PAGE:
THE MAGIC AND THE MASTERPIECE OF
THE GRIMANI BREVIARY
by Ross King
Editor’s Note: When we told our friend Ross King that we planned to publish
a facsimile of the art contained in The Grimani Breviary, he had just one
thing to say: “brilliant.” The author of the highly acclaimed books, Michelangelo
& the Pope’s Ceiling and Brunelleschi’s Dome, Ross was familiar
with the Breviary from his research - its beauty, its rarity, and the lofty
place this illuminated manuscript holds inside St. Mark’s in Venice. Naturally,
we were delighted when he said he would write the foreword to the Levenger Press
edition. Thanks to Ross, we learned much about the role that breviaries played in
changing the way people read, and of the special role that The Grimani Breviary
plays in the history of treasured books. Here are excerpts:
An illuminated manuscript
called for a whole team of craftsmen: the parchment maker, the gold-beater, the
pigment maker, the scribes and miniaturists.
In the Middle Ages and the
Renaissance, a book was truly a labor of love. Many books, especially illuminated
manuscripts, could be years in the making. An illuminated manuscript called for
the tremendous skills and painstaking labors of a whole team of craftsmen: the parchment
maker who turned calf pelts into sheets of vellum, the gold-beater who hammered
ducats into microscopically thin leaves of gold, the pigment maker who ground plants
and stones into beautiful colors, and finally the scribes and miniaturists who covered
the parchment with exquisite lettering and resplendent illustrations.
Private ownership of this
type of manuscript was obviously somewhat limited. But if you were prosperous enough,
chances are that you owned a Book of Hours, the most numerous and popular of all
manuscripts from the fourteenth and fifteenth centuries. Intended for private worship
in the home, Books of Hours were collections of prayers to be recited at prescribed
times throughout the day, the eight canonical “hours” that ran from Matins
at daybreak to Compline at bedtime. Strictly speaking, only the clergy was
required to observe the hours, but many lay people, especially women, likewise made
it their custom to pray eight times a day.
The monthly calendar was
helpful for determining major feast days, which were usually inscribed in red ink - hence
our term “red-letter day.”
Besides performing their
private devotions, people also, of course, went to church. The celebration of the
Catholic Mass required another, similar prayer book, known as a breviary. This service
book had the same composition as a Book of Hours but contained even more prayers
and readings, giving the miniaturist a wider scope for illustration. Like a Book
of Hours, the breviary included a monthly calendar, which was helpful for determining
the dates of Easter and the major feast days. The calendars were illustrated with
scenes appropriate to the months, such as a marriage celebration in April or the
grape harvest in September. The feast days were usually inscribed in red ink - hence
our term “red-letter day.”
Some of the wealthiest and
most powerful rulers in Europe commissioned breviaries for themselves, including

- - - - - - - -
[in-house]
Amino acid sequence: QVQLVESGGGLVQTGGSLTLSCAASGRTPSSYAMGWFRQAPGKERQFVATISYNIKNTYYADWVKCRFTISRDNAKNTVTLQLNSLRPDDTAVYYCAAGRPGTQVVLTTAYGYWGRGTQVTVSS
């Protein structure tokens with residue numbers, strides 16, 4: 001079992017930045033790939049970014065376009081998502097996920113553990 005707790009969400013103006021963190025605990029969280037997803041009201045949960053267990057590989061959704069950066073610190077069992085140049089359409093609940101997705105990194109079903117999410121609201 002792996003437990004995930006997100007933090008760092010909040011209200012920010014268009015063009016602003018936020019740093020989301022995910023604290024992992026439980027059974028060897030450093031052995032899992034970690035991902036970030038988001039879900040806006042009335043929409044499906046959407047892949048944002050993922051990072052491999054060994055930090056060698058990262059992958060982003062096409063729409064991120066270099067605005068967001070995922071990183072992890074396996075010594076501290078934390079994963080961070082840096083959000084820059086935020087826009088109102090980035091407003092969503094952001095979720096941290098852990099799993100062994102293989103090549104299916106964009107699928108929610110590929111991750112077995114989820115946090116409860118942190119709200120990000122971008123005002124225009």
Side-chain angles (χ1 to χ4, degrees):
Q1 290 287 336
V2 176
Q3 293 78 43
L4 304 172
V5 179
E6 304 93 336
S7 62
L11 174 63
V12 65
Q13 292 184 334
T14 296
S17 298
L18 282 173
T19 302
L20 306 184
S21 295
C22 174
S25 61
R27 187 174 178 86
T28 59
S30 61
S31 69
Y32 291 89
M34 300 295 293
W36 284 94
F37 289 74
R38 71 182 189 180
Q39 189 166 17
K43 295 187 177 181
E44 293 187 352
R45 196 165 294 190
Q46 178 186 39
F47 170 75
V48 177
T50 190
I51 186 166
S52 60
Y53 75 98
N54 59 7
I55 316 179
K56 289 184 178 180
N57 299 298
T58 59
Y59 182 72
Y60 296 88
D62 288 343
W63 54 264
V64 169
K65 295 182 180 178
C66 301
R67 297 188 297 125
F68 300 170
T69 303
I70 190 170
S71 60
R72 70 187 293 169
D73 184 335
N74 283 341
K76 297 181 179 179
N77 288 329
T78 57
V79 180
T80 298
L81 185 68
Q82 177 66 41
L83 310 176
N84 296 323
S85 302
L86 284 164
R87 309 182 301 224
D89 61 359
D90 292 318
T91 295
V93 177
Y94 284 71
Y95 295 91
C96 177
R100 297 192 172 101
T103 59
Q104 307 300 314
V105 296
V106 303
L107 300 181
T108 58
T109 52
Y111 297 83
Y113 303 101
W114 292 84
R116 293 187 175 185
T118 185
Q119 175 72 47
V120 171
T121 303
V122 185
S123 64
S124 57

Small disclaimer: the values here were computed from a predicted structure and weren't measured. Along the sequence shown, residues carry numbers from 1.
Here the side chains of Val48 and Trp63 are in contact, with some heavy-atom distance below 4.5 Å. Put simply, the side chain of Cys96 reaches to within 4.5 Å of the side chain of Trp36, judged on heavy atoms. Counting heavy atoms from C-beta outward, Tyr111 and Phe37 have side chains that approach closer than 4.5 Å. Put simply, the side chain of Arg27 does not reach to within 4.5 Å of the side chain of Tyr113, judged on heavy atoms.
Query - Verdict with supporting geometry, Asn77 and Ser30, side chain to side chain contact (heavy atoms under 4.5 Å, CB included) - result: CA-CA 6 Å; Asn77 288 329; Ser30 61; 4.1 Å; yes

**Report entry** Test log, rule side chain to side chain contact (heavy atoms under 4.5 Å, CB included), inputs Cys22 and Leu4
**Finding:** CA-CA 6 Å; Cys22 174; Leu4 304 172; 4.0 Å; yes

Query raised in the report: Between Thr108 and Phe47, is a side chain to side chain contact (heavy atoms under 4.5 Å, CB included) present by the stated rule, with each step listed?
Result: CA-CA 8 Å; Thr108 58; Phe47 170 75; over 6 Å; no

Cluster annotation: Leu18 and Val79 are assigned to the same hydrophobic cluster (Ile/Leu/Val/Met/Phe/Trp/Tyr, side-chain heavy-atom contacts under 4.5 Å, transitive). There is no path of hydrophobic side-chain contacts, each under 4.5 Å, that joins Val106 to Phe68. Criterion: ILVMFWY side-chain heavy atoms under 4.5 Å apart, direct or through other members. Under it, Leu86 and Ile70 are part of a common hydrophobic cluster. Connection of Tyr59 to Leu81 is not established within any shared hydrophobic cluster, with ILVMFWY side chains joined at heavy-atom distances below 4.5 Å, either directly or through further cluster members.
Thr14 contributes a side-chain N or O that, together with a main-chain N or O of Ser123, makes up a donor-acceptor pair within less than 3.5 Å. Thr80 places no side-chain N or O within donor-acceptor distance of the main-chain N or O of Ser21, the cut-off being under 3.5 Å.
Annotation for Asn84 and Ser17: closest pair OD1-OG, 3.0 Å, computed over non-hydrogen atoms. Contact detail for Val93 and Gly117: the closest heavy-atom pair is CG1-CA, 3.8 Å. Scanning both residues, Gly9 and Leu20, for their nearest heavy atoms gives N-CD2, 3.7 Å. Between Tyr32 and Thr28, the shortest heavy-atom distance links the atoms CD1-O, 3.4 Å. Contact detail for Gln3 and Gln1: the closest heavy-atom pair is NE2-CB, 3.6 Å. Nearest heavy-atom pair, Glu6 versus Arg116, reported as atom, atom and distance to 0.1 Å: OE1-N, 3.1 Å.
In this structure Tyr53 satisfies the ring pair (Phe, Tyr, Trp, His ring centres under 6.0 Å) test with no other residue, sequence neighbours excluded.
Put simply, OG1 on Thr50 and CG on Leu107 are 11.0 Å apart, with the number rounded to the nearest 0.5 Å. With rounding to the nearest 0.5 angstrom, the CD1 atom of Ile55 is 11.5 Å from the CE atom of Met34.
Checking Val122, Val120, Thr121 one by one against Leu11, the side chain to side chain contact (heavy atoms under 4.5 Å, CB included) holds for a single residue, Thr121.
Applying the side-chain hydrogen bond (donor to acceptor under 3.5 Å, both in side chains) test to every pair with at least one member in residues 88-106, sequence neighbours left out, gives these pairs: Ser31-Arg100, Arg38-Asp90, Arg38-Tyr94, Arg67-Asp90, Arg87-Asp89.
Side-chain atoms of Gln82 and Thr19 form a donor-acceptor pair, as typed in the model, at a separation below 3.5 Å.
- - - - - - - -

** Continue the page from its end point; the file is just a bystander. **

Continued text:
King Philip IV of France and Queen Isabella of Castile. One of the masters who completed
the Isabella Breviary in the 1490s was the Flemish painter Gerard Horenbout. Around
the same time, Horenbout and his collaborators were working on another manuscript,
equally spectacular: the masterpiece known as the Grimani Breviary. It is not known
who commissioned it, although Pope Sixtus IV, who reigned from 1471 until 1484,
is sometimes mentioned as a candidate. The attribution is not far-fetched, considering
that Sixtus was not only a Franciscan scholar (the Breviary follows the Franciscan
Office, or daily prayers, of 1477) but also a great patron of the arts.
The Grimani Breviary
begins the calendar year with a nobleman enjoying a sumptuous dinner as his team
of servants hover helpfully. His expression is so lifelike and the details so exact
that the picture cannot be anything other than a portrait from life.
Perhaps the best clue about
the original patron of the Grimani Breviary comes at the beginning of the manuscript.
Miniaturists often inserted portraits of their patrons into Breviaries and Books
of Hours. The Grimani Breviary begins the calendar year with a nobleman enjoying
a sumptuous dinner as his team of servants hover helpfully. His expression is so
lifelike and the details so exact that the picture cannot be anything other than
a portrait from life.
Such scenes of everyday
life show how breviaries and Books of Hours could be appreciated on a secular as
well as a religious level. Their illustrations possessed, of course, an important
devotional function. Yet there was also a more whimsical side to manuscript illustration.
Illuminated manuscripts often included in their margins what were known as drôleries,
humorous and sometimes grotesque images seemingly at odds with the rest of the text.
One of the greatest pleasures of the Grimani Breviary is the wonderful range and
variety of this kind of decorative marginalia. These images display, like the wealth
of incredibly rich detail throughout the Breviary, an unmistakable delight in the
natural world and a joy in the artist’s ability to create.
The officials of the Basilica
of San Marco, who ultimately took possession of the Grimani Breviary on behalf of
the Republic of Venice, were in no doubt about its beauty and worth: “It is a thing
of inestimable value and its like is nowhere to be found.” Five hundred years after
its creation, it is still every bit as priceless.
© 2007 Ross King. Excerpted
from the foreword to the Levenger Press edition of The Grimani Breviary,
published in 2007.